The role of number of items per trial in best–worst scaling experiments

  • Geoff HollisEmail author


Best–worst scaling is a judgment format in which participants are presented with K items and must choose the best and worst items from that set, along some underlying latent dimension. Best–worst scaling has seen recent use in natural-language processing and psychology to collect lexical semantic norms. In such applications, four items have always been presented on each trial. The present study provides reasoning that values other than 4 might provide better estimates of latent values. The results from simulation experiments and behavioral research confirmed this: Both suggest that, in the general case, six items per trial better reduces errors in the latent value estimates.


Semantic judgment Best-worst scaling Rating scales 



Harald Baayen and 2 anonymous reviewers are thanked for their generous and helpful critiques on the presentation and relevance of the vector learning model. Jason Hicks’ pointed guidance as editor played an essential role in carving this manuscript out of the muck that was its prior versions. This manuscript would have never come to fruition without years of discussion on naive discriminative learning with Chris Westbury.


  1. Auger, P., Devinney, T. M., & Louviere, J. J. (2007). Using best–worst scaling methodology to investigate consumer ethical beliefs across countries. Journal of Business Ethics, 70, 299–326.CrossRefGoogle Scholar
  2. Balota, D. A., Yap, M. J., Cortese, M. J., Hutchison, K. A., Kessler, B., Loftis, B., . . . Treiman, R. (2007). The English Lexicon Project. Behavior Research Methods, 39, 445–459.
  3. Bradley, M. M., & Lang, P. J. (1999). Affective norms for English words (ANEW): Stimuli, instruction manual and affective ratings (Technical Report C-1). Gainesville, FL: University of Florida, NIMH Center for Research in Psychophysiology.Google Scholar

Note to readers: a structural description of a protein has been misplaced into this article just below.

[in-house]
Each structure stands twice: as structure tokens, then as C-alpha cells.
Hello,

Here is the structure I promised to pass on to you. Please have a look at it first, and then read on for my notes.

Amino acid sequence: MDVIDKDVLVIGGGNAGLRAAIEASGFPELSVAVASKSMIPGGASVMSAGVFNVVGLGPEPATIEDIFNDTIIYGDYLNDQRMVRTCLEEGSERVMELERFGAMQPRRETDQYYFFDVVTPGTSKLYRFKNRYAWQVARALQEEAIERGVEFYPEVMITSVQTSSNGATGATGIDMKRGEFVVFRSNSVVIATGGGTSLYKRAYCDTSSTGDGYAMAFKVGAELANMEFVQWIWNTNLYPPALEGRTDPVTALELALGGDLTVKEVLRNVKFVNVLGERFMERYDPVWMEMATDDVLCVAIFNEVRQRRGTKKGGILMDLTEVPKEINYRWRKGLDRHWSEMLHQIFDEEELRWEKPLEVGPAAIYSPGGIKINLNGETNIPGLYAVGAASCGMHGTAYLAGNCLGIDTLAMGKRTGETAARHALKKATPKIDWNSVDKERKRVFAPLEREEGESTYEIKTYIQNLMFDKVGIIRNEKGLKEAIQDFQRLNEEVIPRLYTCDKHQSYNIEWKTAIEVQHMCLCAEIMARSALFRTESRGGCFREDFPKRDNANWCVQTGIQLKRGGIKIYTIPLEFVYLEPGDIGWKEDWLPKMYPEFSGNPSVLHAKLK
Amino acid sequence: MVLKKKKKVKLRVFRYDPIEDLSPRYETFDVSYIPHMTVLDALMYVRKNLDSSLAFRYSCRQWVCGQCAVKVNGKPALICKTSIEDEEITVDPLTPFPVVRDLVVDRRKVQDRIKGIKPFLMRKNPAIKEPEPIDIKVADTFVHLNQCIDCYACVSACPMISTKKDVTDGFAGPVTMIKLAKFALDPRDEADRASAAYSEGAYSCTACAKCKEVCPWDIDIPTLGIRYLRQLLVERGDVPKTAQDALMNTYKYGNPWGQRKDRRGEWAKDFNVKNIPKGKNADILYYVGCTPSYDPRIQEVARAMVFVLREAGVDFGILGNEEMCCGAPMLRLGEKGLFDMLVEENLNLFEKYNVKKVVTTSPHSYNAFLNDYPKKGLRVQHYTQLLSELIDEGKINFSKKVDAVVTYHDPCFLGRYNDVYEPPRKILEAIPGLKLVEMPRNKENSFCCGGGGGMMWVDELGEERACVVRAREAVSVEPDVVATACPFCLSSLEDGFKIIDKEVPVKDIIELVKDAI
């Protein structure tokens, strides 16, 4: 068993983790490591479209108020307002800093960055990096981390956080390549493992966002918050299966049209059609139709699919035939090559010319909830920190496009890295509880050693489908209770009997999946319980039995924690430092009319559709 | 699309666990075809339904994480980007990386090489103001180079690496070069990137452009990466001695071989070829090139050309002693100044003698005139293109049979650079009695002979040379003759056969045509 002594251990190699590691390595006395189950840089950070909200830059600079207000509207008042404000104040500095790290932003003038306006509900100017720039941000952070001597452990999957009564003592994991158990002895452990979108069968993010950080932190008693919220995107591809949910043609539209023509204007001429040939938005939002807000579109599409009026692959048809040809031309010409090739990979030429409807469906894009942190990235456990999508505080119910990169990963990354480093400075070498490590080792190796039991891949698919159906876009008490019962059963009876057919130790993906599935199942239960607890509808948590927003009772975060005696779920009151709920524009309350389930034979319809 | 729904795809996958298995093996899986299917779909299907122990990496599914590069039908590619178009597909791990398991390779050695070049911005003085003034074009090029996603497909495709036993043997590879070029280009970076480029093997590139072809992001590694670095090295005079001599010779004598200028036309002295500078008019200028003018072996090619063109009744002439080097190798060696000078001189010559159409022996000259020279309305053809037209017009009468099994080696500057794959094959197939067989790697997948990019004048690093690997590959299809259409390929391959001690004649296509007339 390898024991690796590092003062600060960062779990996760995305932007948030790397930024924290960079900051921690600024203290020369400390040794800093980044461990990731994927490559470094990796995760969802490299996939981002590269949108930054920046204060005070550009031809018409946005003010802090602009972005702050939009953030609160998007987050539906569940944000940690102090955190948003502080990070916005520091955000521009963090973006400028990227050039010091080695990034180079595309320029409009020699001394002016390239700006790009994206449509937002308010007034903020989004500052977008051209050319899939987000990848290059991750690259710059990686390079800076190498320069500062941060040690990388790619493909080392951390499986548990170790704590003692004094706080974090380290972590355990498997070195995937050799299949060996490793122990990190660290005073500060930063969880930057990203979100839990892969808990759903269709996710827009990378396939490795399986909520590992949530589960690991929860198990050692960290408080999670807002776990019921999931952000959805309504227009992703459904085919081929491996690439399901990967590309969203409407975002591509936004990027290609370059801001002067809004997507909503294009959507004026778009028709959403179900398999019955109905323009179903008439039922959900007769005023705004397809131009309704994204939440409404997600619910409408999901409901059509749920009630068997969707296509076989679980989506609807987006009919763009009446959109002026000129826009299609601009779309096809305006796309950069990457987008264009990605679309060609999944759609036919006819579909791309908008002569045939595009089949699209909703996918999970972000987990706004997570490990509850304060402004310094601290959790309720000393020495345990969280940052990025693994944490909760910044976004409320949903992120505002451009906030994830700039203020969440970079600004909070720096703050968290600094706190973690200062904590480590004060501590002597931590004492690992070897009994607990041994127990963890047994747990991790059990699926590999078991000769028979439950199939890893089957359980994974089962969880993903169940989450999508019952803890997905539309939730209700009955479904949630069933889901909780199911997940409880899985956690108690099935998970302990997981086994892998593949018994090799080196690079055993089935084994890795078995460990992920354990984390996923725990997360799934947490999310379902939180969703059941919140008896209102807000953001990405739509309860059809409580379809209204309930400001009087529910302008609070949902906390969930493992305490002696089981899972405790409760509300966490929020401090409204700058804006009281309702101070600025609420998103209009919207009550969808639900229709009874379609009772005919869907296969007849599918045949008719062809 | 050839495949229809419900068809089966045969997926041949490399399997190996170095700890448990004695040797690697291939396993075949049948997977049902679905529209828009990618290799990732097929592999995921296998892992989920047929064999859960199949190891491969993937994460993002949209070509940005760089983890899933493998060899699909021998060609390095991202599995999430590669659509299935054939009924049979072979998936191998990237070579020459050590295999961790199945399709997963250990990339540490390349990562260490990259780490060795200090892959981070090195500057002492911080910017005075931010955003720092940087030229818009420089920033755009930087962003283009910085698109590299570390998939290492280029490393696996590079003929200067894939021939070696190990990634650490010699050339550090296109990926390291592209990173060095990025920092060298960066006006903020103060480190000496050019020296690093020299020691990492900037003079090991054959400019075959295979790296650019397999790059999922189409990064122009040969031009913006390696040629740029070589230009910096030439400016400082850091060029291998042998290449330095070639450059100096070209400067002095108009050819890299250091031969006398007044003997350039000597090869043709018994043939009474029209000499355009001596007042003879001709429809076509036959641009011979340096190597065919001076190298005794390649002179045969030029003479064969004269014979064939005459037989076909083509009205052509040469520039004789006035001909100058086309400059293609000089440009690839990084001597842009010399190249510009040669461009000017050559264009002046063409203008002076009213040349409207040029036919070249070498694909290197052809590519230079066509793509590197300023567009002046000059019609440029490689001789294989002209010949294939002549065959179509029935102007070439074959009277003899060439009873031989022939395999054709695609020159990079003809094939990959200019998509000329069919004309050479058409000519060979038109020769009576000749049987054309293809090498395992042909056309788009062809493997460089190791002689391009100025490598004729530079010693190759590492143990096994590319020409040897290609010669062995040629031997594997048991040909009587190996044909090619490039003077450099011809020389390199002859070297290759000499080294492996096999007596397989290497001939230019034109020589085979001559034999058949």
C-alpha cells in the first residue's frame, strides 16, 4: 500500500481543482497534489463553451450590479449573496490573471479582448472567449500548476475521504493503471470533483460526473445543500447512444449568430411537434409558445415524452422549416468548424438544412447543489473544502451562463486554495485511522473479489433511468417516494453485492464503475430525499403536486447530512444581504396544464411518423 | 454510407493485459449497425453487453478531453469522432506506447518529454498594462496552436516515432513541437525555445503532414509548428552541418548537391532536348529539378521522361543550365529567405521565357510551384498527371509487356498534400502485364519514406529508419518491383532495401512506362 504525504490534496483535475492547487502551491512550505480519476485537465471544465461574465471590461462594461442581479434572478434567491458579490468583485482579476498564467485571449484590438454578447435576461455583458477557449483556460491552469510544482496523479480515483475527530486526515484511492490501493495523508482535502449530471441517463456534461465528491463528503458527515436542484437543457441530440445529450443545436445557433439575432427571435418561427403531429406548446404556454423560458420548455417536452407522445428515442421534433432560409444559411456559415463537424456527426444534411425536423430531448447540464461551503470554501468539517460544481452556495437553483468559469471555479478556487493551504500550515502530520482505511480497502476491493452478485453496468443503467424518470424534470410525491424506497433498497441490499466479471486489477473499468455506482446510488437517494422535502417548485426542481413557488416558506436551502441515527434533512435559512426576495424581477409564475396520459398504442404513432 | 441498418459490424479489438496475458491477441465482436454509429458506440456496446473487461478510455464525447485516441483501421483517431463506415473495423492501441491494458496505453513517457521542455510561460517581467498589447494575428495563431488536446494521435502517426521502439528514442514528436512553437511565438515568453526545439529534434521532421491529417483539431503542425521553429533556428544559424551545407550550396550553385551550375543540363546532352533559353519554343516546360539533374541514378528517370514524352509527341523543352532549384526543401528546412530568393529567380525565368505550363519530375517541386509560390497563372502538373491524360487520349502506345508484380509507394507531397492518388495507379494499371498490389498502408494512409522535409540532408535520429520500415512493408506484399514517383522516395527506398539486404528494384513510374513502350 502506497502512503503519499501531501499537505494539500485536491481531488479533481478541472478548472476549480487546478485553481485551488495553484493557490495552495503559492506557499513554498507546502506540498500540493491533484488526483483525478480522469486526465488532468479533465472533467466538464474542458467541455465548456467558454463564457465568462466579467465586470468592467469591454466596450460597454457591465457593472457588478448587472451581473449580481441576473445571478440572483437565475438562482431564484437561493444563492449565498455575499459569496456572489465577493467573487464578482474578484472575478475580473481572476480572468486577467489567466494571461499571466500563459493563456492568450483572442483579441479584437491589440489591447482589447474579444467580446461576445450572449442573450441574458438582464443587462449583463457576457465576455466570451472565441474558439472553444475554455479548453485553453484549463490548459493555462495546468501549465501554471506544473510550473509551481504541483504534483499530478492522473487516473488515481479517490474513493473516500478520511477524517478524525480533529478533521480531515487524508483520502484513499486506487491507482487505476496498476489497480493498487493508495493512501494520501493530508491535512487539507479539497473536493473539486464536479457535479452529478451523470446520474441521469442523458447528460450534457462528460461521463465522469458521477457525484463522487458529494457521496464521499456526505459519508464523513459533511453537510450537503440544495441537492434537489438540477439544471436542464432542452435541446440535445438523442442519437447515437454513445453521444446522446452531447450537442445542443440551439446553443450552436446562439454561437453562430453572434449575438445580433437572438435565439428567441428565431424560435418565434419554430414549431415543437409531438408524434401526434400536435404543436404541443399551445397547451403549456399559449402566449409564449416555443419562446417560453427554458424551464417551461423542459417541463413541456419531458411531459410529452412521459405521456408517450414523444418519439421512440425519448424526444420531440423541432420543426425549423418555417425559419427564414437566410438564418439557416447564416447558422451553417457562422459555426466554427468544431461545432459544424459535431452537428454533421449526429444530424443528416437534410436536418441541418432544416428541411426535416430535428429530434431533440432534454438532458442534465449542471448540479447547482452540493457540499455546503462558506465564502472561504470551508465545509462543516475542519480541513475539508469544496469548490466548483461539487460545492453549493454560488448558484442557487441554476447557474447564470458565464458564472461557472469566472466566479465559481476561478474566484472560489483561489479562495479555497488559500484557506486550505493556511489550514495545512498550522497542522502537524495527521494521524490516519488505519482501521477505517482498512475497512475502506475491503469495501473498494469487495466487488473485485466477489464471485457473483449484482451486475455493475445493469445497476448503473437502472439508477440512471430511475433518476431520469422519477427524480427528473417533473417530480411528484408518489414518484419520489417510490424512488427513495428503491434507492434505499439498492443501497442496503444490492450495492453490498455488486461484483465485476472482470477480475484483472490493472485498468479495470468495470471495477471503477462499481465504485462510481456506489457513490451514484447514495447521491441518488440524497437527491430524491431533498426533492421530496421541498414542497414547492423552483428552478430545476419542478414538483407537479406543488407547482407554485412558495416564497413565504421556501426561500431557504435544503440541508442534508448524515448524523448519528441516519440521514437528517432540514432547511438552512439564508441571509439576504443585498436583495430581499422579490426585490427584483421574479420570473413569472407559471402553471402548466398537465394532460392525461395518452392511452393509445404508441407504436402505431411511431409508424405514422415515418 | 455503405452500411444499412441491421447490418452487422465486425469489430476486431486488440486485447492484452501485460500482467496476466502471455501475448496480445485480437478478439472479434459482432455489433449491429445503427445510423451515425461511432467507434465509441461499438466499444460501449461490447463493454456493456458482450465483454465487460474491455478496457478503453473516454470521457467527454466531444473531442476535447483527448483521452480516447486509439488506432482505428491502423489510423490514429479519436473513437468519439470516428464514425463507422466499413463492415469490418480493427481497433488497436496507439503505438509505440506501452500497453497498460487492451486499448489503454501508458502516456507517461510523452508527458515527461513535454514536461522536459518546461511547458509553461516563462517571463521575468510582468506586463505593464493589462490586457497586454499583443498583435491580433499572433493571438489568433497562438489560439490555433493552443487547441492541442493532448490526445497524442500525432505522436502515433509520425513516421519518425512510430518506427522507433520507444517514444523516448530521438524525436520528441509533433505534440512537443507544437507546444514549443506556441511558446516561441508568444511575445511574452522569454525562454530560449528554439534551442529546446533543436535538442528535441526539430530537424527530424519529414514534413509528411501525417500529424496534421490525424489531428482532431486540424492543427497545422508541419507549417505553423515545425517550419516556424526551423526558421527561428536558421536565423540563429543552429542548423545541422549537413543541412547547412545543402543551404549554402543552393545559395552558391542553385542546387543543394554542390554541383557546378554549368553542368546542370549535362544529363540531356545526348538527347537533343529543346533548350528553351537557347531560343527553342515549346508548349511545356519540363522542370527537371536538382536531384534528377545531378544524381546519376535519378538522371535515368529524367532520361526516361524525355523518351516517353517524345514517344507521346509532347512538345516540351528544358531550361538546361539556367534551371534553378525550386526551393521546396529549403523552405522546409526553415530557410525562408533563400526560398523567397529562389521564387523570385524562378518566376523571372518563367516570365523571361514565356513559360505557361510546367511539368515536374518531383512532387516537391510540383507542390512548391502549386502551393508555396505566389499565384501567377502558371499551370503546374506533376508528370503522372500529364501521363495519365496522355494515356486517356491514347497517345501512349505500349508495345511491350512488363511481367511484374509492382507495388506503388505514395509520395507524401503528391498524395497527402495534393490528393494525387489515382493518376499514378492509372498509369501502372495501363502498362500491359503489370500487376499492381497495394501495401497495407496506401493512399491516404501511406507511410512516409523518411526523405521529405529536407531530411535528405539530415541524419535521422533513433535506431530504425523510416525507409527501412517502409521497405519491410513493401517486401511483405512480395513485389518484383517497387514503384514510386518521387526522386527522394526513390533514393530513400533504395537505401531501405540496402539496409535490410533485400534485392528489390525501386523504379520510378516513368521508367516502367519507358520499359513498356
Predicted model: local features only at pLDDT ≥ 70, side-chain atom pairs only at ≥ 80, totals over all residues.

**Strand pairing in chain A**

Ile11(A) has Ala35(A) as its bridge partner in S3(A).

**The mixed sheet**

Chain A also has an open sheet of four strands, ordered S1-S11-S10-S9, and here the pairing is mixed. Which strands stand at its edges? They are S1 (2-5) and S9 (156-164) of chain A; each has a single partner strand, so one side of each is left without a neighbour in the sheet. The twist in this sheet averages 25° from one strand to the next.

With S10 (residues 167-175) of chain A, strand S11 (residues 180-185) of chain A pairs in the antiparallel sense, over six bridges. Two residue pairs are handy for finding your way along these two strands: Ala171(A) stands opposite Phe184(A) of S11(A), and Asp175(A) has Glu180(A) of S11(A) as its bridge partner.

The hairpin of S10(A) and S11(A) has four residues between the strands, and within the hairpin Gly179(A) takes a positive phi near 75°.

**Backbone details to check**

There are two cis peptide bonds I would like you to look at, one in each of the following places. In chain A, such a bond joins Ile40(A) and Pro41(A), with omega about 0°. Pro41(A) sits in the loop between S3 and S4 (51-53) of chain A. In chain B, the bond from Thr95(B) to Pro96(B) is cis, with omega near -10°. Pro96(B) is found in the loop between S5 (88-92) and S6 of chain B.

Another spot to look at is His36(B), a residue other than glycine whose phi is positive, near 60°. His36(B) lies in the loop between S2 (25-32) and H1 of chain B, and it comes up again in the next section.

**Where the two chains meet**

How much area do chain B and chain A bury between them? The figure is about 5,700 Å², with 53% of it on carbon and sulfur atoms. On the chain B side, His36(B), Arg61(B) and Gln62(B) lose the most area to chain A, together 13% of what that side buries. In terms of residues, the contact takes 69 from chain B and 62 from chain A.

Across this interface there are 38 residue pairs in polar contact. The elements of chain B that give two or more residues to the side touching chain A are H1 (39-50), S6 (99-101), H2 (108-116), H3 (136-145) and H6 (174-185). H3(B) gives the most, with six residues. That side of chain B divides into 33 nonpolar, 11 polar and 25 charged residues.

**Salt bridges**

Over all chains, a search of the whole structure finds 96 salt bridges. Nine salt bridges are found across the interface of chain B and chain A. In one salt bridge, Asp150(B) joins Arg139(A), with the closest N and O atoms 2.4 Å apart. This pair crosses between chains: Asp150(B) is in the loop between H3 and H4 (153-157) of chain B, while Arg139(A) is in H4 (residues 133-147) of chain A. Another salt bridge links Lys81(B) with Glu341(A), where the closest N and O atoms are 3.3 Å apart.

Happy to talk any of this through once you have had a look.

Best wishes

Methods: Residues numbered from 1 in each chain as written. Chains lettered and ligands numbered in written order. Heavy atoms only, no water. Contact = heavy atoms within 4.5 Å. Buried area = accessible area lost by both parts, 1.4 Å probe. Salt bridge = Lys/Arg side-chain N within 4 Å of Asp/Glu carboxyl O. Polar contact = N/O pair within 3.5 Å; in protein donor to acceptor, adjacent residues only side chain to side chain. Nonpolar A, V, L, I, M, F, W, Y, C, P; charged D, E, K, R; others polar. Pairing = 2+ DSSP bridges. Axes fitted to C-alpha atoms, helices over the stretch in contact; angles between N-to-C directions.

4. Brysbaert, M., Warriner, A. B., & Kuperman, V. (2014). Concreteness ratings for 40 thousand generally known English word lemmas. Behavior Research Methods, 46, 904–911. CrossRefGoogle Scholar
  5. David, H. A. (1987). Ranking from unbalanced paired-comparison data. Biometrika, 74, 432–436.CrossRefGoogle Scholar
  6. Elo, A. E. (1973). The International Chess Federation rating system. Chess, 38(July), 293–296; 38(August), 328–330; 39(October), 19–21.Google Scholar
  7. Finn, A., & Louviere, J. J. (1992). Determining the appropriate response to evidence of public concern: The case of food safety. Journal of Public Policy and Marketing, 12–25.Google Scholar
  8. Hollis, G. (2018). Scoring best–worst data in unbalanced many-item designs, with applications to crowdsourcing semantic judgments. Behavior Research Methods, 50, 711–729. CrossRefGoogle Scholar
  9. Hollis, G., & Westbury, C. (2018). When is best–worst best? A comparison of best–worst scaling, numeric estimation, and rating scales for collection of semantic norms. Behavior Research Methods, 50, 115–133. CrossRefGoogle Scholar
  10. Hollis, G., Westbury, C., & Lefsrud, L. (2017). Extrapolating human judgments from skip-gram vector representations of word meaning. Quarterly Journal of Experimental Psychology, 70, 1603–1619. CrossRefGoogle Scholar